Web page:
Honor and a principled responsibility to gods and family are given equal weight in her self-defense. Creon believes that if he changes his decree, his subjects will see him as a weak ruler, therefore he is unwilling to listen to the reasoning of his son.
Her thinking is unassailable — of course the dead have burial rights, a basic decency upheld by long tradition. This explains why he does not respond accordingly with the reasoning of the guard, Tiresias the prophet, Antigone, her sister Ismene, or even his own son Haemon.
While Oedipus, though estranged, is still alive, it is no longer possible for her to be granted another brother from the same set of parents, therefore the bond would not be as strong. reminded that the main argument lies between a male authority figure and a female dissident.
• Ismene brings up the issue first, acting as a foil to Antigone, in the opening. between Creon and Antigone, it also permeates the positions of all other characters and surfaces again and again in the language of the play.(1) This tragedy, as Hans-Thies Lehmann states, "transforms the articles and foundation of law into questions, certainty into risky.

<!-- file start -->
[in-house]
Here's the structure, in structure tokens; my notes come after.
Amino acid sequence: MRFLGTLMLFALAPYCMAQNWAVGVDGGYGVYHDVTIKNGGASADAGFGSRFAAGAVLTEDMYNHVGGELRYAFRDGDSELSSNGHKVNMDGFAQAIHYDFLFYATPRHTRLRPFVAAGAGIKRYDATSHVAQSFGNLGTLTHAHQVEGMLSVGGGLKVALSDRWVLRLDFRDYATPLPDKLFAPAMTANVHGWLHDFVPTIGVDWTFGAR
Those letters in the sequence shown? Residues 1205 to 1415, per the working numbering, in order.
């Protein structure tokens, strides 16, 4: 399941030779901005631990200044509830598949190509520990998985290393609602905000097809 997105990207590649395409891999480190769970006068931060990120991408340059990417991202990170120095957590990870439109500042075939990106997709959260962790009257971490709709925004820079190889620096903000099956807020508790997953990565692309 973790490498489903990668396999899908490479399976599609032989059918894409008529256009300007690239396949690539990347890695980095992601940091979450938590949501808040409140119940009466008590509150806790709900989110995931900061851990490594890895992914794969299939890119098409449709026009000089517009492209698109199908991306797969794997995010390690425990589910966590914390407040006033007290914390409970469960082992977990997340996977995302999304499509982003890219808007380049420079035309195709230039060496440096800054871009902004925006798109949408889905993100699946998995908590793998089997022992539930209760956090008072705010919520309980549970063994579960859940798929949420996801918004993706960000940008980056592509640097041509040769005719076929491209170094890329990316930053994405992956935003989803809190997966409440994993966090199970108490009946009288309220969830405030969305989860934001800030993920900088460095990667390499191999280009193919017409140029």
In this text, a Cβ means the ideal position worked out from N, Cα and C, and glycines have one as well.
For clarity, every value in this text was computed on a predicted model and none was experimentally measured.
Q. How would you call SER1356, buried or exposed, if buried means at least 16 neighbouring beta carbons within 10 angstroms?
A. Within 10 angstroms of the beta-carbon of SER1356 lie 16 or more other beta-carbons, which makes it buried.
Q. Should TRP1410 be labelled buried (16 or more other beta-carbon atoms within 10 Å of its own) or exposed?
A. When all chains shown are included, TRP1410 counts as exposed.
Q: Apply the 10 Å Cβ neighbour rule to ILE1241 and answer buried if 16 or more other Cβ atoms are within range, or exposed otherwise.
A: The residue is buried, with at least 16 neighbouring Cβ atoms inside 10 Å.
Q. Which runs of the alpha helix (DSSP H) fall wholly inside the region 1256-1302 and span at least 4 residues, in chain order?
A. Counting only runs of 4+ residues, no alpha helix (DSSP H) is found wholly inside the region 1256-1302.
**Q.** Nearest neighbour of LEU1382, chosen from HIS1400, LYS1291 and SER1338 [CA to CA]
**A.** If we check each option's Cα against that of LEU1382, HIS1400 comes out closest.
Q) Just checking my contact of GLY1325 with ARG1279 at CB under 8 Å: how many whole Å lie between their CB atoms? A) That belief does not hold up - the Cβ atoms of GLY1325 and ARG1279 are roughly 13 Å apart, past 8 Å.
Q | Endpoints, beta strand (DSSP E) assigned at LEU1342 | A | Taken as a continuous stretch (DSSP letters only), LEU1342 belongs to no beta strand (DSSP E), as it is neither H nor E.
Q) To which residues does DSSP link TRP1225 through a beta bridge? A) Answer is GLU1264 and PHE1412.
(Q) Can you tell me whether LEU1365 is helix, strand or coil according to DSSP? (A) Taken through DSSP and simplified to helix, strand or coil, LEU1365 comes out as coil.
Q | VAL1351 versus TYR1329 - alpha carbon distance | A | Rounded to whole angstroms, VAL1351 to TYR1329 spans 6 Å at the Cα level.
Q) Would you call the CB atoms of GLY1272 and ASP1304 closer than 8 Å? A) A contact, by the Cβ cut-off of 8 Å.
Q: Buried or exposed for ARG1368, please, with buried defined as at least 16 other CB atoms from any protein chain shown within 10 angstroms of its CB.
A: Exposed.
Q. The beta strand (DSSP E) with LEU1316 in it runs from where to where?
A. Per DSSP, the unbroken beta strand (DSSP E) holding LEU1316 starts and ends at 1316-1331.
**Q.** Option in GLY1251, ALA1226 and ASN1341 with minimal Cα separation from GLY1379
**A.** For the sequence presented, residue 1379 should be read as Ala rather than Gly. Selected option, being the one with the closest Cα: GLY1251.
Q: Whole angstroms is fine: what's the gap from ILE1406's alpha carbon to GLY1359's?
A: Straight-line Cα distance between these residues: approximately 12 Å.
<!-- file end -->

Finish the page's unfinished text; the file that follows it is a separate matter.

Here you see the father murdering, the murdered son- and all my civic wisdom! Creon > Choragos. Lead me away. I have been rash and foolish. The action of the play begins immediately with a conflict between Antigone and Ismene.
What is the cause of the conflict? How does Sophocles tell us what happens to Antigone, Haimon, and. Conflicting Values in Antigone, Free Study Guides and book notes including comprehensive chapter analysis, complete summary analysis, author biography information, character profiles, theme analysis, metaphor analysis, and top ten quotes on classic literature.
Aug 07, · Sophocles' play, first staged in the fifth century B.C., stands as a timely exploration of the conflict between those who affirm the individual's 3/5(2).
Sophocles' play "Antigone" illustrates the conflict between obeying human and divine law. The play opens after Oedipus' two sons Eteocles and Polyneices have killed each other in a .Sophocles antigone conflict between civic authority